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Holder defends 9/11 federal trials decision before Senate committee

[JURIST] US Attorney General Eric Holder [official profile] appeared Wednesday before the Senate Judiciary Committee [official website] to answer questions regarding the decision to try five men accused of conspiring to commit the 9/11 terrorist attacks [JURIST news archive] in federal court. In his opening remarks [transcript; video], Holder refuted the arguments made by his predecessor [Washington Times report] and other lawmakers that the decision to try these men in civilian courts represents a "pre-9/11" mentality. Additionally, he sought to allay concerns voiced by critics that civilian courts are inadequate to handle the cases of suspected terrorists and will provide a public forum to Khalid Shaikh Mohammed [JURIST news archive], the alleged mastermind of the 9/11 terrorist attacks:

Judges in federal court have firm control over the conduct of defendants and other participants in their courtrooms, and when the 9/11 conspirators are brought to trial, I have every confidence that the presiding judge will ensure appropriate decorum. And if [Mohammad] makes the same statements he made in his military commission proceedings, I have every confidence the nation and the world will see him for the coward he is. I’m not scared of what [Mohammad] will have to say at trial – and no one else needs to be either.
Holder was faced with heavy criticism during the hearing from Republican committee members. Ranking member Jeff Sessions (R-AL) [official website] told Holder his decision was "dangerous, misguided, and unnecessary" and would create a security risk. The hearing comes amid efforts by the Obama administration to close the detention facility at Guantanamo Bay [JURIST news archive] by next year. President Barack Obama on Wednesday confirmed [NYT report] that the facility would not be closed by the self-imposed January 22 deadline, as has been stated by administration officials [JURIST report] for the past several weeks.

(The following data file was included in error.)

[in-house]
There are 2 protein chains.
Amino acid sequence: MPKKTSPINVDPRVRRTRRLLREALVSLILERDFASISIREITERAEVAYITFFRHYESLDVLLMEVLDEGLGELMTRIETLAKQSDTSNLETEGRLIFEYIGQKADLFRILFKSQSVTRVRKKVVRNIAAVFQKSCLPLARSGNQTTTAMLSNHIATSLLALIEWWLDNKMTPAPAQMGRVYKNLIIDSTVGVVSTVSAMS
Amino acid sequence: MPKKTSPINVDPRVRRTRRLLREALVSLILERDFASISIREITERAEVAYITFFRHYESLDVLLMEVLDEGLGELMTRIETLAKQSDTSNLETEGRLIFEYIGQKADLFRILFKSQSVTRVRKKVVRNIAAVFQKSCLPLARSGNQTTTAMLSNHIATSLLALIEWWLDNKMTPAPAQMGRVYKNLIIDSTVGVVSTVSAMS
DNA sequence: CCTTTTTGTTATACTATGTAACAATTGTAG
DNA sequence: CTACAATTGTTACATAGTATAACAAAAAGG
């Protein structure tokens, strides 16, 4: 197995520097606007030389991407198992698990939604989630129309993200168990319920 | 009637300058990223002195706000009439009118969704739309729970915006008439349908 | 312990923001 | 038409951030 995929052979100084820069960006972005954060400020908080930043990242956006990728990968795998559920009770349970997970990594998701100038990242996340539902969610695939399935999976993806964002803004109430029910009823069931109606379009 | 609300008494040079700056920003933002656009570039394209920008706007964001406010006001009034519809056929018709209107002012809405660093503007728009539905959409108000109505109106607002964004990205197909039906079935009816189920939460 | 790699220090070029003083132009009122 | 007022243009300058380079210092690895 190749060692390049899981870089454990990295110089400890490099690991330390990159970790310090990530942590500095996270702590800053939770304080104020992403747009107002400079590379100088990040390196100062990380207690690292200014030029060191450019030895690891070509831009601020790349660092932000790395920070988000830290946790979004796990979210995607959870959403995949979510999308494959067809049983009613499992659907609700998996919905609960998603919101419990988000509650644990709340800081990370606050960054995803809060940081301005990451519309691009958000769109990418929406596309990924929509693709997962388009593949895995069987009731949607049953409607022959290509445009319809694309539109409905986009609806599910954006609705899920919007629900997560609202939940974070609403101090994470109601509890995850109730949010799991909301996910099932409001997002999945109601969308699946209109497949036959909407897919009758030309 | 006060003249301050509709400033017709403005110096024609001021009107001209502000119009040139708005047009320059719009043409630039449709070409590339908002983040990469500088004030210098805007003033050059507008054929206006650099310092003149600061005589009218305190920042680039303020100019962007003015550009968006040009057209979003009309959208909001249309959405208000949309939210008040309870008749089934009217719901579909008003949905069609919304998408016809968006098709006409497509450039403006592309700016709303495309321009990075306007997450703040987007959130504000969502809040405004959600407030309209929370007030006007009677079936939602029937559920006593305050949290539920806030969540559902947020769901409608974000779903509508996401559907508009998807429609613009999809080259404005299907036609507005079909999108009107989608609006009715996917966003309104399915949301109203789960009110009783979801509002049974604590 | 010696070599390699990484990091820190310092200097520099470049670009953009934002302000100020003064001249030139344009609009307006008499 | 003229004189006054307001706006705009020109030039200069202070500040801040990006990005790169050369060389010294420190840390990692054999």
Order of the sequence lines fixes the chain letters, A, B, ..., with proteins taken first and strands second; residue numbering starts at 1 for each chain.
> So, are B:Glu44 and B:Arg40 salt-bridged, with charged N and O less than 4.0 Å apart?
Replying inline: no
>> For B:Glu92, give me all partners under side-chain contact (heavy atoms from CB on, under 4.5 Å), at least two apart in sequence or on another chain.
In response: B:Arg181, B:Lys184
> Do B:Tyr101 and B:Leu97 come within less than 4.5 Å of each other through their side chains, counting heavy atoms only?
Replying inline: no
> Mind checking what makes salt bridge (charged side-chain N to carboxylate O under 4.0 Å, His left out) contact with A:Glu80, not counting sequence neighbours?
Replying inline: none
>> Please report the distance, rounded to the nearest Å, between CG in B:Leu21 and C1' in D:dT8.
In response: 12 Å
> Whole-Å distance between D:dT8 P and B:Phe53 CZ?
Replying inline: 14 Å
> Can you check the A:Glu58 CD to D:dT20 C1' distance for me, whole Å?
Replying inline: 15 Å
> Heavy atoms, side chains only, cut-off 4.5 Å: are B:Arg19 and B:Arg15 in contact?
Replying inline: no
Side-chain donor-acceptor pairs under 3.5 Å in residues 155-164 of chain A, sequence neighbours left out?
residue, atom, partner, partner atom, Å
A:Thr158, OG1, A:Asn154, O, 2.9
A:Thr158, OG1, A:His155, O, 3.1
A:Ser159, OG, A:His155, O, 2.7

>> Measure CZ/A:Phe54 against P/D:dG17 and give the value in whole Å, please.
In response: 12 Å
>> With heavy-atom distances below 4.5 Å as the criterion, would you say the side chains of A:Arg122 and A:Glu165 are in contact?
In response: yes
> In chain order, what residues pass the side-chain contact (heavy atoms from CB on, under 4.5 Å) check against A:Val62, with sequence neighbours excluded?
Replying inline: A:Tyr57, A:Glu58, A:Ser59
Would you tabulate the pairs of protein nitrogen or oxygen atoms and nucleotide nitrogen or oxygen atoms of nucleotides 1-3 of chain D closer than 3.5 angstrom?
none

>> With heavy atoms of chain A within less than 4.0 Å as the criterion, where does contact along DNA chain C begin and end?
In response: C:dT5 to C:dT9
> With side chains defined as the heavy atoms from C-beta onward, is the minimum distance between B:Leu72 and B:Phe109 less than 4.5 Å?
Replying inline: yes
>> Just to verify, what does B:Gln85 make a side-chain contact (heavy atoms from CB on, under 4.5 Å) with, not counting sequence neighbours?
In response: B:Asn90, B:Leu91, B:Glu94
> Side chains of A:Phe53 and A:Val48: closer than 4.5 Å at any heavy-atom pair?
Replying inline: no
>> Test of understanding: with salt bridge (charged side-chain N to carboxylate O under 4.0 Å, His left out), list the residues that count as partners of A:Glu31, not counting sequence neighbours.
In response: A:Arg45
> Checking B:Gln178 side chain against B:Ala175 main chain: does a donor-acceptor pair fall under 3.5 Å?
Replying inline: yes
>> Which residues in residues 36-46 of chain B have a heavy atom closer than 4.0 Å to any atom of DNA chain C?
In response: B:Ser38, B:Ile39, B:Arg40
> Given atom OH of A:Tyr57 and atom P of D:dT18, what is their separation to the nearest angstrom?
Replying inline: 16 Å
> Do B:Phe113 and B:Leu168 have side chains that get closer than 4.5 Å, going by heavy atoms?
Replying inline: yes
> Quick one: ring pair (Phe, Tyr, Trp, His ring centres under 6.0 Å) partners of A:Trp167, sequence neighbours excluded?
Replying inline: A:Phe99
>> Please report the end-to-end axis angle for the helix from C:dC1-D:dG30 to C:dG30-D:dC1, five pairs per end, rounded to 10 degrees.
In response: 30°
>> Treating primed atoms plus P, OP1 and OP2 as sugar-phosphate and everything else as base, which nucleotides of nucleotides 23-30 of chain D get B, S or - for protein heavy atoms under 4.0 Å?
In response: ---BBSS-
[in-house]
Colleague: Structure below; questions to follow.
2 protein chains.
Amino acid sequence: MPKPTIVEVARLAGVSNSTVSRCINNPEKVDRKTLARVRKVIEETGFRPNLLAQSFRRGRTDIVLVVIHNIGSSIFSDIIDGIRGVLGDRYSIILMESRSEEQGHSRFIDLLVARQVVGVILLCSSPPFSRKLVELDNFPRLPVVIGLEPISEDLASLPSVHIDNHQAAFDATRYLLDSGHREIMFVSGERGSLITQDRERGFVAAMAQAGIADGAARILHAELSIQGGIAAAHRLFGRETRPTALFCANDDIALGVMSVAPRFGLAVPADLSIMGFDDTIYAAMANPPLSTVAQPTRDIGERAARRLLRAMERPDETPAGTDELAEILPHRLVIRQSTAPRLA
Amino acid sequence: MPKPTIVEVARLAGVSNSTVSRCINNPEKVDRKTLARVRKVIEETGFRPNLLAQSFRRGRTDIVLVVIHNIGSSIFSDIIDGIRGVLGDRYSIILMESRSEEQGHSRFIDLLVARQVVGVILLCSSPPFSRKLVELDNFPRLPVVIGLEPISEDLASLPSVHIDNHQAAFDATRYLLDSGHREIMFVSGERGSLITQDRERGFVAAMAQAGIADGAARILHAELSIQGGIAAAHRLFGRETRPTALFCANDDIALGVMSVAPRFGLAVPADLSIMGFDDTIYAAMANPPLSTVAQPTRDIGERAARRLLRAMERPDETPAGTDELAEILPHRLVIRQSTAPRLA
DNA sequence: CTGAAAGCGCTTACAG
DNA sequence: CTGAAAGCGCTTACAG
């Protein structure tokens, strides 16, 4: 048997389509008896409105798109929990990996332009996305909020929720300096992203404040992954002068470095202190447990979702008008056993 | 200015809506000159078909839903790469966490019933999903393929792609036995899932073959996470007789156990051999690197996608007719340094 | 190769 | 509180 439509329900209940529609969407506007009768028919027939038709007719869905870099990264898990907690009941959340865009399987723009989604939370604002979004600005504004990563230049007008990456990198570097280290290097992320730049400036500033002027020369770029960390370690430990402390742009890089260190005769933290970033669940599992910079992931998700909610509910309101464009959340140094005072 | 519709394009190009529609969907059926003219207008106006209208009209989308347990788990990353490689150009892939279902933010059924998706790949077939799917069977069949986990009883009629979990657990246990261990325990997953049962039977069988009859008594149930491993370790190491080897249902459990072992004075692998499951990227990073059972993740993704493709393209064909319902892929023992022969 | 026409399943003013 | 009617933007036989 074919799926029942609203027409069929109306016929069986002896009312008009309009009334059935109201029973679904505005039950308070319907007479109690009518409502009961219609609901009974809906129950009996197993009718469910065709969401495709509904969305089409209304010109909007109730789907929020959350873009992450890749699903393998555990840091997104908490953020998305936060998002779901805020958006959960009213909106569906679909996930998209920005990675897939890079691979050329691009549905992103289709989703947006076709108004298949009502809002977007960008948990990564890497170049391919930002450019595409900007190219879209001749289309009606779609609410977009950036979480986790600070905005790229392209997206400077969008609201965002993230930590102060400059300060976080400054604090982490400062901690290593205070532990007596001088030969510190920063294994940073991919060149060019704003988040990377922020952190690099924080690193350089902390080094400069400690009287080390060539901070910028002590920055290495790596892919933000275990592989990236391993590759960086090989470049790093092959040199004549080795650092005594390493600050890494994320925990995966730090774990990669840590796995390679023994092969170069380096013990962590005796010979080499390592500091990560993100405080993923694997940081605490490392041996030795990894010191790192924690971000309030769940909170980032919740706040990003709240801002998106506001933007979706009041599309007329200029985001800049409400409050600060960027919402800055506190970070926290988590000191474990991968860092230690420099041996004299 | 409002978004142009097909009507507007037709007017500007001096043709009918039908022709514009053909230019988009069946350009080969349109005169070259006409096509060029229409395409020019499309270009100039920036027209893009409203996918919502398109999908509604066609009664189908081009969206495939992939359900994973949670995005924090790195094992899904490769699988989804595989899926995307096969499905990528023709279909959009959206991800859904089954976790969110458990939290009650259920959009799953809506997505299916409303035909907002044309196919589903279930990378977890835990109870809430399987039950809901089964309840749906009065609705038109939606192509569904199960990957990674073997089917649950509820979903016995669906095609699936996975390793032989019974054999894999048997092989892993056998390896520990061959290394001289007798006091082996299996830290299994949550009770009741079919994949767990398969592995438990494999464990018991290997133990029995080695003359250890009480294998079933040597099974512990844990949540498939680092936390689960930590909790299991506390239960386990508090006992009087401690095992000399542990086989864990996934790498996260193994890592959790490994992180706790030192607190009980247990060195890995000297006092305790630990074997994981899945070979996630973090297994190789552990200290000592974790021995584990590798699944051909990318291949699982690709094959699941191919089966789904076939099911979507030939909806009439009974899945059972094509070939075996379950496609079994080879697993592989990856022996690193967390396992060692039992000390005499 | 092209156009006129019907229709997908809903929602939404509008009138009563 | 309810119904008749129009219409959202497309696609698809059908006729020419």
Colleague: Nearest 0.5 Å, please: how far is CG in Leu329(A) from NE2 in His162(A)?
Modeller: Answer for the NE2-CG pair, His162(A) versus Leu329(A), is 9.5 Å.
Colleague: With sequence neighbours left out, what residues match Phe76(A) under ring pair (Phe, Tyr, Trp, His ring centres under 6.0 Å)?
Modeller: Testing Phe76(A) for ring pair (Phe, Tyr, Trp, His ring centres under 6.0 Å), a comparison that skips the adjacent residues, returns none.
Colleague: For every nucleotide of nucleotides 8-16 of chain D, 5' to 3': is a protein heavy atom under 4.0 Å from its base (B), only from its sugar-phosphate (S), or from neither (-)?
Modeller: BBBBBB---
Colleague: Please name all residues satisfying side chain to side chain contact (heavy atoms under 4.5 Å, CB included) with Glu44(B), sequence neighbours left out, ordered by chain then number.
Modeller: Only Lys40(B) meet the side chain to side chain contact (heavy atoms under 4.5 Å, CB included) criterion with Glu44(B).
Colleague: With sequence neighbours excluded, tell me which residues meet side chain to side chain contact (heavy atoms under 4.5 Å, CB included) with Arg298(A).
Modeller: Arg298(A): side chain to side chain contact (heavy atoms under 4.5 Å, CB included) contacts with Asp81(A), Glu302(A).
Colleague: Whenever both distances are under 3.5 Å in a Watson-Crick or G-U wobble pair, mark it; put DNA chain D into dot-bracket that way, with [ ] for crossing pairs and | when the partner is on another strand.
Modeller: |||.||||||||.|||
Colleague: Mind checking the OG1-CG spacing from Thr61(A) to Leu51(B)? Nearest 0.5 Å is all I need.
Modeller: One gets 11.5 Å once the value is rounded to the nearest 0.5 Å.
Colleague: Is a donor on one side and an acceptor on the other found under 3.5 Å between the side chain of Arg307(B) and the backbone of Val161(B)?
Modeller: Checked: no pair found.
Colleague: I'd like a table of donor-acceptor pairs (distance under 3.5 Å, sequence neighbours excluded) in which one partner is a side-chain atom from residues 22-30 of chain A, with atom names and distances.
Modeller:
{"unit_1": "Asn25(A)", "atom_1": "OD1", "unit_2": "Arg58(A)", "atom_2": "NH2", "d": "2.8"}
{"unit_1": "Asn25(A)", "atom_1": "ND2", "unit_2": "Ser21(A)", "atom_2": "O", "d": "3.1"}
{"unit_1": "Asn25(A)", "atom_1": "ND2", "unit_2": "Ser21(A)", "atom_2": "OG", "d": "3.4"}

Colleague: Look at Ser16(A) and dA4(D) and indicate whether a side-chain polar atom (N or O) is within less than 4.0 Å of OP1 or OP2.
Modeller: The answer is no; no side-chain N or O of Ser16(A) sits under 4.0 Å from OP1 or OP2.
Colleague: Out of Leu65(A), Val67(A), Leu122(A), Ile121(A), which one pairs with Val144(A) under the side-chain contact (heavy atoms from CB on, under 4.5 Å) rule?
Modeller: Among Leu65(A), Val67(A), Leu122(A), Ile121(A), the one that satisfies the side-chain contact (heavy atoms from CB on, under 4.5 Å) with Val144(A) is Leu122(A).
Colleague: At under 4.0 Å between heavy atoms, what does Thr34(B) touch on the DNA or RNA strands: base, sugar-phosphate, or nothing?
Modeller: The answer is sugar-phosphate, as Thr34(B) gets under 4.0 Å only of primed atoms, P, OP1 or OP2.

Holder on Friday announced [JURIST report] that the government will pursue federal charges against the five suspected 9/11 conspirators in a Manhattan district court by prosecutors from the Southern District of New York and the Eastern District of Virginia [official websites]. Holder said that he recommended that the men be tried in civilian court after a case-by-case review conducted by the Department of Justice and the Department of Defense [official websites] according to a new protocol announced in July. Reactions to the decision have fallen mostly along partisan lines, with many Republicans opposing the plan [JURIST report], and many Democrats supporting it.

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